Clinical correlates of change in inflammatory biomarkers: The Framingham Heart Study
Division of Cardiovascular Medicine, Department of Medicine
Biological Factors | Cardiology | Cardiovascular Diseases | Epidemiology
OBJECTIVES: Traditional clinical risk factors are associated with inflammation cross-sectionally, but associations of longitudinal variation in inflammatory biomarkers with corresponding changes in clinical risk factors are incompletely described. We sought to analyze clinical factors associated with change in inflammation in the community.
METHODS: We studied 3013 Framingham Offspring (n = 2735) and Omni Cohort (n = 278) participants (mean age 59 years, 55% women, 9% ethnic/racial minority) who attended two consecutive examination cycles (mean 6.7 years apart). We selected ten inflammatory biomarkers representing distinctive biological functions: C-reactive protein (CRP), intercellular adhesion molecule-1, interleukin-6, isoprostanes, lipoprotein-associated phospholipase-2 (Lp-PLA2) activity, Lp-PLA2-mass, monocyte chemoattractant protein-1, osteoprotegerin, P-selectin, and tumor necrosis factor receptor II (TNFRII). We constructed multivariable-adjusted regression models to assess the relations of baseline, follow-up and change in clinical risk factors with change in biomarker concentrations over time.
RESULTS: Baseline, follow-up and change in clinical risk factors explain a moderate amount of the variation in biomarker concentrations across 2 consecutive examinations (ranging from r(2) = 0.28 [TNFRII] up to 0.52 [Lp-PLA2-mass]). In multivariable models, increasing body-mass index, smoking initiation, worsening lipid profile, and increasing waist size were associated with increasing concentrations of several biomarkers. Conversely, hypercholesterolemia therapy and hormone replacement cessation were associated with decreasing concentrations of biomarkers such as CRP, Lp-PLA2-mass and activity.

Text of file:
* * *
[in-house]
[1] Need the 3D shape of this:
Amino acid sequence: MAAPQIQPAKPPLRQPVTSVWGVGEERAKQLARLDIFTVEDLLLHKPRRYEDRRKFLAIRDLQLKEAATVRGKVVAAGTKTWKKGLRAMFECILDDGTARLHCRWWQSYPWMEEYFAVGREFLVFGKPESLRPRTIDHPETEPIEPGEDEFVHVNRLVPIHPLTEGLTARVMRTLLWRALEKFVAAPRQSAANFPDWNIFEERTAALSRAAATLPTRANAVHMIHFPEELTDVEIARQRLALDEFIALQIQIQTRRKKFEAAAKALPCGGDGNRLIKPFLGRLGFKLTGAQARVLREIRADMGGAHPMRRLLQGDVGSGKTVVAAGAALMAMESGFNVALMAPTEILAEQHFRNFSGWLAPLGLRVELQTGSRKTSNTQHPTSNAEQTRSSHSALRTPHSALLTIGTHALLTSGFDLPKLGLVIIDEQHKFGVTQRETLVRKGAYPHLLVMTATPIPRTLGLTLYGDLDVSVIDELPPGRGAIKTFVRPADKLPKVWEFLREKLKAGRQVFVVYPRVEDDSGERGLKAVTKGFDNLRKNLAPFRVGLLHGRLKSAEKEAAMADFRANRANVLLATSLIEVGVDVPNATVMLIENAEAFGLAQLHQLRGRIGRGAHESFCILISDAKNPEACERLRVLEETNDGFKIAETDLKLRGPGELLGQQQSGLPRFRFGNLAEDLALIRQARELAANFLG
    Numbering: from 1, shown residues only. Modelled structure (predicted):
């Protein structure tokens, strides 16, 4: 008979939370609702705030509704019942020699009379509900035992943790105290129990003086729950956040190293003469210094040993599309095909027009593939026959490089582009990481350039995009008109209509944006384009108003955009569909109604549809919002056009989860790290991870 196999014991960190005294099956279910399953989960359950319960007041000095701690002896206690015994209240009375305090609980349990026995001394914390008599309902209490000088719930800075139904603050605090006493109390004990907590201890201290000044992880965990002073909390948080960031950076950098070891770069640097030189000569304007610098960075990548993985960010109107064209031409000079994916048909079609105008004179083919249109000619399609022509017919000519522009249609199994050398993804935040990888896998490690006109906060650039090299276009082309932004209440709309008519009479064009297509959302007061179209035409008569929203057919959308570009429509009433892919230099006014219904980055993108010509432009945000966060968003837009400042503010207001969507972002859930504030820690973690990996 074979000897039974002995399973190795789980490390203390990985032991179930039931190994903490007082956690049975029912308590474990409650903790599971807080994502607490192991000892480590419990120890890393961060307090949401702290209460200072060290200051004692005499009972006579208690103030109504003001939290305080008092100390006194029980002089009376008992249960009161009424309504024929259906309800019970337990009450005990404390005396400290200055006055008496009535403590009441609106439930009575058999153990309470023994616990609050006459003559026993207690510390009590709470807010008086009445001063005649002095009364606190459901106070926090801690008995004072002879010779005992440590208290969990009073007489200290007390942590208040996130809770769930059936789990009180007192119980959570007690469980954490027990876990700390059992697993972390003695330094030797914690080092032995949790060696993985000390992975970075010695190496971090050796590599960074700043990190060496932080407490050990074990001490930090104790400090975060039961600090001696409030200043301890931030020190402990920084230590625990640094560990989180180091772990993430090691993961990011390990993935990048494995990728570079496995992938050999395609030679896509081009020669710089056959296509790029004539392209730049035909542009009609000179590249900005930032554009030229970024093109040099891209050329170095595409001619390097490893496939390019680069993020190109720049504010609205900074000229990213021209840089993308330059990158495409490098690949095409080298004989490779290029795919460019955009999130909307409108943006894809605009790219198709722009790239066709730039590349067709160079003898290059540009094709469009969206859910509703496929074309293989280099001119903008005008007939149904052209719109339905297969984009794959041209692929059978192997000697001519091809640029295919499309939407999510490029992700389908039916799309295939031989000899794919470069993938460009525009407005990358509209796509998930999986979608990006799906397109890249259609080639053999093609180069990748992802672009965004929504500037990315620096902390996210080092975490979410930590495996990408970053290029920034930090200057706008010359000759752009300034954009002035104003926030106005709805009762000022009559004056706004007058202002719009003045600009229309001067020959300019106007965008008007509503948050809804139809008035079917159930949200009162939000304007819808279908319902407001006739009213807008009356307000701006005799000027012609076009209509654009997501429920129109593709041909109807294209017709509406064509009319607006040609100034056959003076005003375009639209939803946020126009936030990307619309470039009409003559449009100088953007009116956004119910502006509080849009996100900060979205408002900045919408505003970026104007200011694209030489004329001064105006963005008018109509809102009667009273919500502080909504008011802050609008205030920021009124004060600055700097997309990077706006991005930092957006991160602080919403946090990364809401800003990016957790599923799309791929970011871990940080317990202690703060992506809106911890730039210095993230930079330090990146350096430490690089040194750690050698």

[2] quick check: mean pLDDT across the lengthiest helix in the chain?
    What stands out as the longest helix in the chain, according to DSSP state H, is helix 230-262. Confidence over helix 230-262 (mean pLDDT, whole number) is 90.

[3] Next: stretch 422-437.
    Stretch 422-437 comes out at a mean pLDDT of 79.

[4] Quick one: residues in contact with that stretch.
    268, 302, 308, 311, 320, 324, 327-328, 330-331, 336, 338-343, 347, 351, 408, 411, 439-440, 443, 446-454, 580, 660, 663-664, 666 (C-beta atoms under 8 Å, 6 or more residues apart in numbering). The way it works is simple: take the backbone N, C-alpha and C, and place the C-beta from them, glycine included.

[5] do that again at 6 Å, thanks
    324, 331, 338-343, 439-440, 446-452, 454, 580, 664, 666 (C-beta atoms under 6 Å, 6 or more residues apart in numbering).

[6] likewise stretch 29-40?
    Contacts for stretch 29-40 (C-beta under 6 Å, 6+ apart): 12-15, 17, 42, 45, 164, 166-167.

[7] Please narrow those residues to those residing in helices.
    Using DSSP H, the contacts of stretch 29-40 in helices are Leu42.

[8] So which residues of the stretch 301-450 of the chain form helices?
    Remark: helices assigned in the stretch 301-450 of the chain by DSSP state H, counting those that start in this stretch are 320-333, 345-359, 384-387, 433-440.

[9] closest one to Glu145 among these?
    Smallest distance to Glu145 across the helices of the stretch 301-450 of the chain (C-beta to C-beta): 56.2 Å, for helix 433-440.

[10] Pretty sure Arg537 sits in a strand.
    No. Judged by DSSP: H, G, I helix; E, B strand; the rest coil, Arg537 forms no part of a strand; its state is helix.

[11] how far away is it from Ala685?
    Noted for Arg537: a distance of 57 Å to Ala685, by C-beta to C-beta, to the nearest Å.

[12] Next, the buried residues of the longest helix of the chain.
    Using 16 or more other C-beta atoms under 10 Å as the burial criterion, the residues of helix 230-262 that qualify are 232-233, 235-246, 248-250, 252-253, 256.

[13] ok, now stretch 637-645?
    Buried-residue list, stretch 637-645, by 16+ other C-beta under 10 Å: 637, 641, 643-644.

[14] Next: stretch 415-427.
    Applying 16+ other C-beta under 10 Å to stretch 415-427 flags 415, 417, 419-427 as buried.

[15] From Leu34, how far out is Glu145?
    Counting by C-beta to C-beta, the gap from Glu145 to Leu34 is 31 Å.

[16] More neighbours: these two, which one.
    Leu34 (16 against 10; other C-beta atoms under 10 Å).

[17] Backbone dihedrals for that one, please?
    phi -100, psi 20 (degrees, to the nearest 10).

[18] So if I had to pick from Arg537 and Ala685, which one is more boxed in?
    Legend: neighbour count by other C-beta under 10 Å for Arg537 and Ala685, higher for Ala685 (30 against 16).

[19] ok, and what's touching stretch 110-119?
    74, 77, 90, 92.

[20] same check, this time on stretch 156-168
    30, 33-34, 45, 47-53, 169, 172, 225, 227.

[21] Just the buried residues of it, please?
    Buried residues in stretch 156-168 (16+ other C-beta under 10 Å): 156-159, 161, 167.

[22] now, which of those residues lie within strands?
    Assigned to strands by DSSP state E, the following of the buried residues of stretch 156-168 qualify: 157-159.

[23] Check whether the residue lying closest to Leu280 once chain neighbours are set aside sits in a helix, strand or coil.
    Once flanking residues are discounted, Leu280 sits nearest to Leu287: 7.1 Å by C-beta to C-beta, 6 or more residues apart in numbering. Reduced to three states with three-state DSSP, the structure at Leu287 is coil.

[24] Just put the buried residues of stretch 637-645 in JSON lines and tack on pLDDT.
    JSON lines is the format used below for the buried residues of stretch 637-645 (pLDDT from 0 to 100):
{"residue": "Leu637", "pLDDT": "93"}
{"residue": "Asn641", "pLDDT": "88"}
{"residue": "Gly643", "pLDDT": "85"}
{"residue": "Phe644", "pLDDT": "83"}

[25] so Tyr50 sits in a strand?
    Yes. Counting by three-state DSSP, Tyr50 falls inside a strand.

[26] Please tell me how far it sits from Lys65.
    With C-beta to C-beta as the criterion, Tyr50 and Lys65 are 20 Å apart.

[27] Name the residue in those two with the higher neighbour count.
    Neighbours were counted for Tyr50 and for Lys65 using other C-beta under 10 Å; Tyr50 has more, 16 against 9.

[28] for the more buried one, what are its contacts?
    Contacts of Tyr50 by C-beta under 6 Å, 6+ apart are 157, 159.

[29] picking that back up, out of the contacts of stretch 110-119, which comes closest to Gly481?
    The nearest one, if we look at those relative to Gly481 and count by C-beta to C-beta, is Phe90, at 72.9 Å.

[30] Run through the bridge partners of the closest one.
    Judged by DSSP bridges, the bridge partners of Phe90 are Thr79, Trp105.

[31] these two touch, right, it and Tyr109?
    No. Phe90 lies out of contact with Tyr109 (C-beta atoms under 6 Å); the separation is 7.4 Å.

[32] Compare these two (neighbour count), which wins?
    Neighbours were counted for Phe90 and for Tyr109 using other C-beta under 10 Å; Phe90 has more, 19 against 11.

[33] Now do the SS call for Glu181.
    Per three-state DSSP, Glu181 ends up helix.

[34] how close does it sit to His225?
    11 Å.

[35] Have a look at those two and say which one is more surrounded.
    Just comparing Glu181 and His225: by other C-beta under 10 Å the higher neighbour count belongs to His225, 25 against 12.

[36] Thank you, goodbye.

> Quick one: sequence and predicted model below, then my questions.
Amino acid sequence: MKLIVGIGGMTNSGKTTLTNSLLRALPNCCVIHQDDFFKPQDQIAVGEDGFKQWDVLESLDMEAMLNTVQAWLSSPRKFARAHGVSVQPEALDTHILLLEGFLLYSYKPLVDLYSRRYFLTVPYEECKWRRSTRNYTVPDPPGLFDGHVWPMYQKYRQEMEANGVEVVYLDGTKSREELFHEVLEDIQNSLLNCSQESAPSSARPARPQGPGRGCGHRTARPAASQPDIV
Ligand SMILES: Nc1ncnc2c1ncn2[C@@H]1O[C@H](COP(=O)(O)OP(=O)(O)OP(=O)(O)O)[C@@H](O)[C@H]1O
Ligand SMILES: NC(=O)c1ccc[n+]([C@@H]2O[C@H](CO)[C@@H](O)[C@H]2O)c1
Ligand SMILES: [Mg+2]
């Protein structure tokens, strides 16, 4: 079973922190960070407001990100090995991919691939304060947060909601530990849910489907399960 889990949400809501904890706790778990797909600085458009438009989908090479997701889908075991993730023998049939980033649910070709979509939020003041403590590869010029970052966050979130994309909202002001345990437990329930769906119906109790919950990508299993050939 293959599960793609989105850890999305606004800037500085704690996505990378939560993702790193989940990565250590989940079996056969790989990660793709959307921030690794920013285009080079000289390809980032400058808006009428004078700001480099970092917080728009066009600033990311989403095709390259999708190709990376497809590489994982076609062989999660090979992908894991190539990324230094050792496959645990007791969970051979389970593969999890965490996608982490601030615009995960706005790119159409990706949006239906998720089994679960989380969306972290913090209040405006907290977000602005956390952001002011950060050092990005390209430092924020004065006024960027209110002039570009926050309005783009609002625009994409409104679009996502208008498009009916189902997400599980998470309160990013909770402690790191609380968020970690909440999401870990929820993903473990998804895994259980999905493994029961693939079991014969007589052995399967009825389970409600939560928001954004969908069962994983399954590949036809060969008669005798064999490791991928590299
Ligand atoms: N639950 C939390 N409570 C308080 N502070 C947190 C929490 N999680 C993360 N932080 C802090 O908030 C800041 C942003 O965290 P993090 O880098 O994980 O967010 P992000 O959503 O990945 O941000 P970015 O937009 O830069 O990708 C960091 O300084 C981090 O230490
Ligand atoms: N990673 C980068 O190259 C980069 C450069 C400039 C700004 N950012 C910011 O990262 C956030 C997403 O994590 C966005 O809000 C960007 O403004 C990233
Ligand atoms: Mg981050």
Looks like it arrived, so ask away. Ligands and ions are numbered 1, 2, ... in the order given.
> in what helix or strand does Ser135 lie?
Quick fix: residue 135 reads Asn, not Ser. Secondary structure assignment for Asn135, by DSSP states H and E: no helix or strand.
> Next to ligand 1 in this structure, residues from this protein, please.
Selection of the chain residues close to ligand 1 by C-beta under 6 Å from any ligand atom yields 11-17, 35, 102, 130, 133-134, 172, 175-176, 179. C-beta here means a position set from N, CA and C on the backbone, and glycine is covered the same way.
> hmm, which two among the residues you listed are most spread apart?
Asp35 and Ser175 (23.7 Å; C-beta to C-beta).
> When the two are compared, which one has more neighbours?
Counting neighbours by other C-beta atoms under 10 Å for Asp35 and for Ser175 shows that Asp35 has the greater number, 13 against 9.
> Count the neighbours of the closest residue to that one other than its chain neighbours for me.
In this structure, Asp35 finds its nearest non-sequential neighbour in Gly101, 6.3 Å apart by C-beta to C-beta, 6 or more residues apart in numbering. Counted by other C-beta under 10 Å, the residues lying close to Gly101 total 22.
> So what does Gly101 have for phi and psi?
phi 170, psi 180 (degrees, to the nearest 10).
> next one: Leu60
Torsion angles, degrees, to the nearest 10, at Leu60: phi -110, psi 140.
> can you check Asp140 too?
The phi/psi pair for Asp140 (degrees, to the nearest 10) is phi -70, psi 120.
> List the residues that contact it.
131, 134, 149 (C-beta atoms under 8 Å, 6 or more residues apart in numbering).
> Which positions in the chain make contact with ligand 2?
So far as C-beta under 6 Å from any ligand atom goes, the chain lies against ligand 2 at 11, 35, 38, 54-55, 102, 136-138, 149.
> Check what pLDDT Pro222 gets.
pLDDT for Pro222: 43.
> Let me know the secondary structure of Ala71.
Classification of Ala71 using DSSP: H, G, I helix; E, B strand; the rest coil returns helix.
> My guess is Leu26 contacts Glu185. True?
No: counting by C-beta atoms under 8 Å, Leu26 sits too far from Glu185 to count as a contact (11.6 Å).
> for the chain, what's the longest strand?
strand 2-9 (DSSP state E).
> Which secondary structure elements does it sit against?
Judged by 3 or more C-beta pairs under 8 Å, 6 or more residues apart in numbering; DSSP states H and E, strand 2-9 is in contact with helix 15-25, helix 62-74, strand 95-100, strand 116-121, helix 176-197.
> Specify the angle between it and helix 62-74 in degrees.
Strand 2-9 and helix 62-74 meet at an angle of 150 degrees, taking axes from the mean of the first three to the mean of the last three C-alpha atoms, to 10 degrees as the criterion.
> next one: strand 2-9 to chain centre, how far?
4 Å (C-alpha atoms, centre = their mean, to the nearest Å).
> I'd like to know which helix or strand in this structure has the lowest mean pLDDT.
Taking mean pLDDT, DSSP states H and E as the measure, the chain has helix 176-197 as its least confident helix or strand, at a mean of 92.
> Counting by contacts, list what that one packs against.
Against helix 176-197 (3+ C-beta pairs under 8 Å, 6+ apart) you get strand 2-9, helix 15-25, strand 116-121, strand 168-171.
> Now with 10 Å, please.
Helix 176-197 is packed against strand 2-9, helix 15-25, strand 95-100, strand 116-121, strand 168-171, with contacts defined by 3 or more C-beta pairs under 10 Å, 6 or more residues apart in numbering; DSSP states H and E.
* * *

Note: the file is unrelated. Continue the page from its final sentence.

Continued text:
CONCLUSION: Cardiovascular risk factors have different patterns of association with longitudinal change in inflammatory biomarkers and explain modest amounts of variability in biomarker concentrations. Nevertheless, a substantial proportion of longitudinal change in inflammatory markers is not explained by traditional risk factors.
Biological markers, Longitudinal studies, Inflammation
DOI of Published Version
Atherosclerosis. 2013 May;228(1):217-23. doi: 10.1016/j.atherosclerosis.2013.01.019. Epub 2013 Feb 4. Link to article on publisher's site
Fontes, Joao D.; Yamamoto, Jennifer F.; Larson, Martin G.; Wang, Na; Dallmeier, Dhayana; Rienstra, Michiel; Schnabel, Renate B.; Vasan, Ramachandran S.; Keaney, John F. Jr.; and Benjamin, Emelia J., "Clinical correlates of change in inflammatory biomarkers: The Framingham Heart Study" (2013). Cardiovascular Medicine Publications and Presentations. 109.